The Amateur’s Guide to Going Green at Home

In 2021, we are feeling the effects of climate change more than ever, and we all need to be focusing on doing our part to reduce, reuse, and recycle to minimize the effects of climate change in our local environment – especially in a natural desert like Los Angeles. Not sure where to start? We have some ideas on how to jumpstart your attempts to go green in your house.

1. Pay attention to symbols on packaging to know what’s safe to recycle.

Whether it’s on your bag of chips or just wrapping around a chair, packaging on any of your household items will tell you everything you need to know. The all-too-familiar recycling symbol will initially let you know if the item can be recycled at all and all plastic items have a resin identification code (RIC) that can indicate the grade of plastic and how well it can be recycled if at all. Second, check the guide listed on your waste bins along with their individual symbols. With instructions on what you can and can’t put inside of the bins, the work is essentially done for you.

2. Limit your consumption of single-use items. The choices you make as an individual may not seem like they make a difference, but the amount of waste we produce individually is incredible. Make smarter future purchases for your home, use and reuse items for as long as you can, and accept that single use items can be necessary. While staying hygienic and safe about your practices, purchasing reusable items to reduce your household waste and non-recyclable trash in a more sustainable way is a large step in the right direction.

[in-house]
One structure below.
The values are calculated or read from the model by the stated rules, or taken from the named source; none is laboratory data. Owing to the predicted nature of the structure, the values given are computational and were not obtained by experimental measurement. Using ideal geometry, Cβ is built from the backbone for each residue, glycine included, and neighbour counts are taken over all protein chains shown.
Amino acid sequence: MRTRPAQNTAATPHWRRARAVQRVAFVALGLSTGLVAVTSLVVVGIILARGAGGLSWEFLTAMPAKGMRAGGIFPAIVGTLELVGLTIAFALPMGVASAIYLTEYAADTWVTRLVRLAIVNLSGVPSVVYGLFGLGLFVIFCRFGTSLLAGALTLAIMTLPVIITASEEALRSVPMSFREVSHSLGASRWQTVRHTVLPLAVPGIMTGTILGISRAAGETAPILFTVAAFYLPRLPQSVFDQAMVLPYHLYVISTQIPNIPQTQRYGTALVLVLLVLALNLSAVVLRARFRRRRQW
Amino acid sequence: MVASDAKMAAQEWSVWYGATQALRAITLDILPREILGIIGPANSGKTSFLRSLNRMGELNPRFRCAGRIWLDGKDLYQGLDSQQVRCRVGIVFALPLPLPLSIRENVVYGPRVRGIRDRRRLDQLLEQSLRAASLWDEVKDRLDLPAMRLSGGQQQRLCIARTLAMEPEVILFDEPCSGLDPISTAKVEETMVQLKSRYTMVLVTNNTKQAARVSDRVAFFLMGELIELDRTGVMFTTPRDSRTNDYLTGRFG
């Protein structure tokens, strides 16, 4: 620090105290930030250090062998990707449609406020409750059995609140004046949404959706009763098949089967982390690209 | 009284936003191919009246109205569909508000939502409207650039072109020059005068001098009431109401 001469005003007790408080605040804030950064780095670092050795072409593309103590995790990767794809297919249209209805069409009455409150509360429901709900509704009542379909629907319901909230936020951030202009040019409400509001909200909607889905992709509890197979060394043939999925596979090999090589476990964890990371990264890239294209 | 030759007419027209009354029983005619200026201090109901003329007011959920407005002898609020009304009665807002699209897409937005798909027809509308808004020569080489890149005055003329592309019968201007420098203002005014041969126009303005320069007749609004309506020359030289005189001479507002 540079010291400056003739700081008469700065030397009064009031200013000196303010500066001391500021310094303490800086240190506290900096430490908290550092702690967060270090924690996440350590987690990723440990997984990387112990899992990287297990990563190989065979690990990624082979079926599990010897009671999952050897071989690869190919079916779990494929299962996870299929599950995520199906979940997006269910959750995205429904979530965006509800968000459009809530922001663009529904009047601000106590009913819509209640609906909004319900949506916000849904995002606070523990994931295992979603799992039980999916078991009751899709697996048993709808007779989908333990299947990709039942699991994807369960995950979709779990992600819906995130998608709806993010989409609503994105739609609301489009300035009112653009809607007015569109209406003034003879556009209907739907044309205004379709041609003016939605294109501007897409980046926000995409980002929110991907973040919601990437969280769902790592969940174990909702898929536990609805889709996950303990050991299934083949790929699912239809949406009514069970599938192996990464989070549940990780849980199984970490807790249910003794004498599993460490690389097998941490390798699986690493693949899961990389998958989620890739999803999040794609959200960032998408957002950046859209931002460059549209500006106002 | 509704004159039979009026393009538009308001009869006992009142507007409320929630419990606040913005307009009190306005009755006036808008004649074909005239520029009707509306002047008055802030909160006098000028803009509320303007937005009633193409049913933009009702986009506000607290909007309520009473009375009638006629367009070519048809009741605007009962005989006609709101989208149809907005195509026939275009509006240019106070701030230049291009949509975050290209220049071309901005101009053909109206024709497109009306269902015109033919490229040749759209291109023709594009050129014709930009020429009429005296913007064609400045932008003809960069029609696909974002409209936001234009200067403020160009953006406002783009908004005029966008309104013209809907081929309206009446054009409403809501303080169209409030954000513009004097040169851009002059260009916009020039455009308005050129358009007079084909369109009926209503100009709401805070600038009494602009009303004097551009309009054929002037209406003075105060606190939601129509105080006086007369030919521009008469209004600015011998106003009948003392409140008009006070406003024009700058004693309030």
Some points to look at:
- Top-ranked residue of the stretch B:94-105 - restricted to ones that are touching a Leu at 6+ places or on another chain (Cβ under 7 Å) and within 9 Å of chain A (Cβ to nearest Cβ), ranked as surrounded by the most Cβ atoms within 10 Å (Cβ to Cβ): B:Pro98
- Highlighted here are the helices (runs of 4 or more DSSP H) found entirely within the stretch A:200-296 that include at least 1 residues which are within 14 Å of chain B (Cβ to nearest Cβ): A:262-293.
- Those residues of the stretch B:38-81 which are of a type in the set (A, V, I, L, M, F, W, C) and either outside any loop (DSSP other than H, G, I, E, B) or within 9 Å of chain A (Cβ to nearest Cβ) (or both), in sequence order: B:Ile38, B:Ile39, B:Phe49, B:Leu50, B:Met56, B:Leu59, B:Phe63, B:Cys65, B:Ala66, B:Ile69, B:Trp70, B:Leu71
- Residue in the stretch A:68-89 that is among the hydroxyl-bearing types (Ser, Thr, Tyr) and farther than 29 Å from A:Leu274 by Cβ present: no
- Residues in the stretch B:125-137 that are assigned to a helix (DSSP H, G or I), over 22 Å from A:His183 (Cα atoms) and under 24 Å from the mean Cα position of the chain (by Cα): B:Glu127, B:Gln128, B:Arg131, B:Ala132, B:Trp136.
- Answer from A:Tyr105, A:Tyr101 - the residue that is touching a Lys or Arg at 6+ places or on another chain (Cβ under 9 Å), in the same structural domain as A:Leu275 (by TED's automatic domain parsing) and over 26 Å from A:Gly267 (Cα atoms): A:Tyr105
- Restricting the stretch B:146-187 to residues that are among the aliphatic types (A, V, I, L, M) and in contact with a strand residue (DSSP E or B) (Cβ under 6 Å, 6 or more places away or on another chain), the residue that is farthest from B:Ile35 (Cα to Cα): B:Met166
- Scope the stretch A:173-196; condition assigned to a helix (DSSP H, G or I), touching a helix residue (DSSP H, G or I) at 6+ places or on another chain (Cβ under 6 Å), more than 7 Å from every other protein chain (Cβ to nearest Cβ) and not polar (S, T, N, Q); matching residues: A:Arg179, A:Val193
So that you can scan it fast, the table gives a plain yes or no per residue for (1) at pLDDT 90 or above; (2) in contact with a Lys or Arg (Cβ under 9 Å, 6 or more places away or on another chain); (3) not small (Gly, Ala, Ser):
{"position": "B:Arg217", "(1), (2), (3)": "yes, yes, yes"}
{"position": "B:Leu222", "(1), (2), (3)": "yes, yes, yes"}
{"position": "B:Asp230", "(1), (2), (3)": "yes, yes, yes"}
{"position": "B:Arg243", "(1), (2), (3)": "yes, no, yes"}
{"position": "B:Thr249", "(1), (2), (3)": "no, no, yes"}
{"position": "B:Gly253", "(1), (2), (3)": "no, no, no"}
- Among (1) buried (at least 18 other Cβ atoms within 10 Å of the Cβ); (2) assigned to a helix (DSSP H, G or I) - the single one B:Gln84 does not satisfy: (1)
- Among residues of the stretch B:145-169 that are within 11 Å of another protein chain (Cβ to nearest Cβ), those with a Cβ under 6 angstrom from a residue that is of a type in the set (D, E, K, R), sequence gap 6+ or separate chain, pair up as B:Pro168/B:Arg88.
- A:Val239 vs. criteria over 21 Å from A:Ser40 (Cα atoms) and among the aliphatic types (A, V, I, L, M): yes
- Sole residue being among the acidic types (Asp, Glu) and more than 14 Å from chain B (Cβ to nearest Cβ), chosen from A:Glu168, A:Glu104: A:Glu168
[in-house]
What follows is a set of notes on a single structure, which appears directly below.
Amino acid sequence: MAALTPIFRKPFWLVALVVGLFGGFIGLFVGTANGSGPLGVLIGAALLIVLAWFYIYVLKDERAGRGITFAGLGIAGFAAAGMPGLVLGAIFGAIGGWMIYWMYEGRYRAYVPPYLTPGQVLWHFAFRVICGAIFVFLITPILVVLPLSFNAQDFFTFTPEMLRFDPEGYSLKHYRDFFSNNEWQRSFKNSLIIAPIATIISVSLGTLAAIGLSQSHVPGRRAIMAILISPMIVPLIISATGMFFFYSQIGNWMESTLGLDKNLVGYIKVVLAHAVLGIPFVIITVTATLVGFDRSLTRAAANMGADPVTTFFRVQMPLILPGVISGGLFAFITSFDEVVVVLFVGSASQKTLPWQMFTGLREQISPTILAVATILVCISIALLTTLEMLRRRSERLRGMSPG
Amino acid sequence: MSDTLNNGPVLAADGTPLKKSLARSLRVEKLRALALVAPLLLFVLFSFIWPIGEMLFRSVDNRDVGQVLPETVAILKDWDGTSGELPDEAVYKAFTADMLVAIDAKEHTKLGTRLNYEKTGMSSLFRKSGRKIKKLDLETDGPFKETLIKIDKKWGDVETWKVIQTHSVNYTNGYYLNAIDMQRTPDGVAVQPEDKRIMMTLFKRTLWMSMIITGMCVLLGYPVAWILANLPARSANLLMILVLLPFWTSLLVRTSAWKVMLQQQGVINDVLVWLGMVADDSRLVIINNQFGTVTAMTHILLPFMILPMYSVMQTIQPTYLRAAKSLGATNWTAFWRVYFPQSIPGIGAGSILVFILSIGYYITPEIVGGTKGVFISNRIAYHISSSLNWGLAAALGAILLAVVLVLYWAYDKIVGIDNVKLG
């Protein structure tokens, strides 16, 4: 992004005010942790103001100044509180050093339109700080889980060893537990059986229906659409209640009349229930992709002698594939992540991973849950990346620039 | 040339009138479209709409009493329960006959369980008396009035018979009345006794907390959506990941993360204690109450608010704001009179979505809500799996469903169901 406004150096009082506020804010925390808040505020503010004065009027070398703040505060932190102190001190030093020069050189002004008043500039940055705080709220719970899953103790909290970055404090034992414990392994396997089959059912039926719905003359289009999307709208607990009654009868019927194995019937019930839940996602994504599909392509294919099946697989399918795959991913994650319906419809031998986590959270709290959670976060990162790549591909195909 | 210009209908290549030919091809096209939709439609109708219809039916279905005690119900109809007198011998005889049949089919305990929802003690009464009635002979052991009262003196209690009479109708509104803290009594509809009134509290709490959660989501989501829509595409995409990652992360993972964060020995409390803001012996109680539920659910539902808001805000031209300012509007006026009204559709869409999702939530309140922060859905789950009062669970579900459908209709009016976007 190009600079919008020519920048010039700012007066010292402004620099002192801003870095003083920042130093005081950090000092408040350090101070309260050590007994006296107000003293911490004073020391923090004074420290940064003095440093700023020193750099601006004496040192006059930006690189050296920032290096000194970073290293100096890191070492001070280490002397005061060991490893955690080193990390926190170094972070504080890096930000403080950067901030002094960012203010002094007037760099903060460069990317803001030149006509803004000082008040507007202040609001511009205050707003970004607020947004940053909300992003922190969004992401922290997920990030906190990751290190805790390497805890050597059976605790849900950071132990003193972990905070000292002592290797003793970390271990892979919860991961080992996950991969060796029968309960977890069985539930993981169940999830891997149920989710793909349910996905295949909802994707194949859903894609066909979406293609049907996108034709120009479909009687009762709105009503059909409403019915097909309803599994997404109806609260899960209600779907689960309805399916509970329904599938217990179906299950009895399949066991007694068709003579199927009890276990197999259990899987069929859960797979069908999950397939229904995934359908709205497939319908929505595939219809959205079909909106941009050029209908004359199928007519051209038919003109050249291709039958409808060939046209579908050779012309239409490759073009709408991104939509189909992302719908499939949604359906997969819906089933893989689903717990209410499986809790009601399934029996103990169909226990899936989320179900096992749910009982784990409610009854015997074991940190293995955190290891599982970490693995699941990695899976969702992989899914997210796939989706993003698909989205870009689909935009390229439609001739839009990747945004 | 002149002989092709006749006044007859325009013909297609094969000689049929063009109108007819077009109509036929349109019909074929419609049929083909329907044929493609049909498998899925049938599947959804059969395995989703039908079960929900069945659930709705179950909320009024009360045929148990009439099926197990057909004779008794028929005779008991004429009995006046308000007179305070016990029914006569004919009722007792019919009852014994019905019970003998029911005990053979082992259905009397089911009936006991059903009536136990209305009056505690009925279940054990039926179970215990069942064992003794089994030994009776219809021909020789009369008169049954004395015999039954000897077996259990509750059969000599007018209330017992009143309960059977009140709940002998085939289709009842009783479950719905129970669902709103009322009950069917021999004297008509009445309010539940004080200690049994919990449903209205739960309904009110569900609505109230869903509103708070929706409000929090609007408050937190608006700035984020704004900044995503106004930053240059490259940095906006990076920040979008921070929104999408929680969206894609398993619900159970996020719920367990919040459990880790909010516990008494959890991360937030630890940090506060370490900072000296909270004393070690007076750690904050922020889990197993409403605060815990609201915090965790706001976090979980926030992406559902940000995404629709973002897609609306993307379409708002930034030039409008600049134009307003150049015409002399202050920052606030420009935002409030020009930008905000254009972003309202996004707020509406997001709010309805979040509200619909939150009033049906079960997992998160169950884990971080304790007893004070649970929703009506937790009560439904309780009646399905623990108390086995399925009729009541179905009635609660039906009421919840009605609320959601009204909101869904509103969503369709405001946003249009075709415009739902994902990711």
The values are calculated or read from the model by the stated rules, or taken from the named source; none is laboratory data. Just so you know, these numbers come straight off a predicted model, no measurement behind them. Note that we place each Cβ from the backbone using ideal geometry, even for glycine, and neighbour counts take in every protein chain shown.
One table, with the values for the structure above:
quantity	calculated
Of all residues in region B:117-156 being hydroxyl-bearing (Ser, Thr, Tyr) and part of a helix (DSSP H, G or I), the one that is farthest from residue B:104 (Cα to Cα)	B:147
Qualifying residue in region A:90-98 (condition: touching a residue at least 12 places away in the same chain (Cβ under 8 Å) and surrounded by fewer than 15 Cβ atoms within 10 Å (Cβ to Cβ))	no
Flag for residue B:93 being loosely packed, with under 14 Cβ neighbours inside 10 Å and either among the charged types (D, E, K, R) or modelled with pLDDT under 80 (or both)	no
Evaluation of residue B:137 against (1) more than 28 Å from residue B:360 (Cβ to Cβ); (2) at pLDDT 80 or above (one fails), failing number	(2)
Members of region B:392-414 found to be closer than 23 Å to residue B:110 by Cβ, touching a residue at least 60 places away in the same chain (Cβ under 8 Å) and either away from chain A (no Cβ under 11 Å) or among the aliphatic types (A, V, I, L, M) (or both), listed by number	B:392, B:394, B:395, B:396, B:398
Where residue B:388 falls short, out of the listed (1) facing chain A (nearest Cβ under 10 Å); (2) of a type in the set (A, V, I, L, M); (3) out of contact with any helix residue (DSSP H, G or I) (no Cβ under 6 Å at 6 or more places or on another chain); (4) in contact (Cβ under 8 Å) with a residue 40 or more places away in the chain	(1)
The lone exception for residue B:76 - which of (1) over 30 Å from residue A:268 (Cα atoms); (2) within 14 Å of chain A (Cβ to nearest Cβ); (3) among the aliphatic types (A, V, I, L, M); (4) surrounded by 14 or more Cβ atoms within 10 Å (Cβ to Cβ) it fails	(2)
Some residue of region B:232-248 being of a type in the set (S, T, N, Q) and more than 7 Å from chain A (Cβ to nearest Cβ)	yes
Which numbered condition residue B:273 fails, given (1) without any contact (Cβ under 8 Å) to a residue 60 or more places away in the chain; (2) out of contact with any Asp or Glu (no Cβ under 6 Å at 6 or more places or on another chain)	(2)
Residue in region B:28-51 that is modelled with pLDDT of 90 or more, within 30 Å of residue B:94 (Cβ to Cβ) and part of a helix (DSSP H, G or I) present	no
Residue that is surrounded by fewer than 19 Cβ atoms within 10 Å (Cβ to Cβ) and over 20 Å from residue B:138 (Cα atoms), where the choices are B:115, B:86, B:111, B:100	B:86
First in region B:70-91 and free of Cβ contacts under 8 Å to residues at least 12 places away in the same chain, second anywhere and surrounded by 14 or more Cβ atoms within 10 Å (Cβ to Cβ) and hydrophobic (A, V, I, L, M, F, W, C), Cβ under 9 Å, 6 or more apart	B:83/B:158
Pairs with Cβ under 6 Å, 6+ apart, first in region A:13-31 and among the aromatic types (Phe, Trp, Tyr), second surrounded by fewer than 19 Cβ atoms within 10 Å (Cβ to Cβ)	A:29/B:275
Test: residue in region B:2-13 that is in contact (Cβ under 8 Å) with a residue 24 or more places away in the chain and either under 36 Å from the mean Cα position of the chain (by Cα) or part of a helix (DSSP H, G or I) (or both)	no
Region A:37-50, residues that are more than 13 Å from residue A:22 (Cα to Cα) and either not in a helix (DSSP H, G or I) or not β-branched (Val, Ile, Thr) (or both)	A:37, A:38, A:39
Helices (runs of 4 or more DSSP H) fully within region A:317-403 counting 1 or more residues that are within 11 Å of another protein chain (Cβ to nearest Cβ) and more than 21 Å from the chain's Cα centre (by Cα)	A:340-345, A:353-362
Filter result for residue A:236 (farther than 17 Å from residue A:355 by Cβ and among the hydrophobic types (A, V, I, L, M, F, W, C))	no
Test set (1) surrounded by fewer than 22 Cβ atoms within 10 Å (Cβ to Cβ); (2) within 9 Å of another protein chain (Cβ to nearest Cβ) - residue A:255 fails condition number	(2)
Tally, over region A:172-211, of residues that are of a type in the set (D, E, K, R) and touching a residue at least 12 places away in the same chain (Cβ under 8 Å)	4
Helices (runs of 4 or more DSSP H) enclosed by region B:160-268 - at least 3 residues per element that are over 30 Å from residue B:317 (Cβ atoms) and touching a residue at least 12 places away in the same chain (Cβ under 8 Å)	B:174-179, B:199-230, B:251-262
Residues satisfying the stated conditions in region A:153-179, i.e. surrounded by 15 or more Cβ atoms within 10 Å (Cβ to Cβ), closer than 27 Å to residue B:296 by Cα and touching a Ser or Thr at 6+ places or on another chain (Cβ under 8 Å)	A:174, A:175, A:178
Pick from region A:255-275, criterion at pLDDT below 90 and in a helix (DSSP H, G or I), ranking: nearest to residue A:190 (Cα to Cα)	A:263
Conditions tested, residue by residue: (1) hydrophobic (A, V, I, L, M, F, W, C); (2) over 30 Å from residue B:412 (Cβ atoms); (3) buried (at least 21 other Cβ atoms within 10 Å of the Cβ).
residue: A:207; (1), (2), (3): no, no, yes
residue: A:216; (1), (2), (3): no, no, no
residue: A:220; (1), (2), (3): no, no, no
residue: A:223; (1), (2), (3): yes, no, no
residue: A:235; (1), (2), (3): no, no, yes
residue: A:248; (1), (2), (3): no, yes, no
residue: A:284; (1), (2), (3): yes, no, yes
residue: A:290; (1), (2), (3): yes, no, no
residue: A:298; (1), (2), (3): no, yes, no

3. If you can afford it, go organic. If you have a home garden, you can grow delicious, organic fruits and vegetables – even if you don’t have a lot of space! Tower gardens or windowsill gardens allow you the opportunity to make your kitchen – and garden – more green! If you don’t have the time, space, or energy to grow your own organic produce, you can find affordable, sustainably grown produce at your local Farmer’s Market, or even at budget grocery stores like Aldi or Grocery Outlet!

4. Move your house over to LED lighting. LED bulbs reduce the amount of toxic gasses associated with production of lightbulbs, but will also save you money on your energy bill while doing your part to save the environment! These days, LEDs are just as affordable as regular incandescent bulbs, just as adaptable in size, emit less heat and have a life of 35,000 to 50,000 hours compared to their less eco-friendly alternatives. 

Not everyone is ready to throw in the paper towel in exchange for a reusable one, we get it. But being environmentally conscious isn’t as scary as it may seem. Taking a little time out of your weekend or week night to find the proper information for your local area helps everyone!



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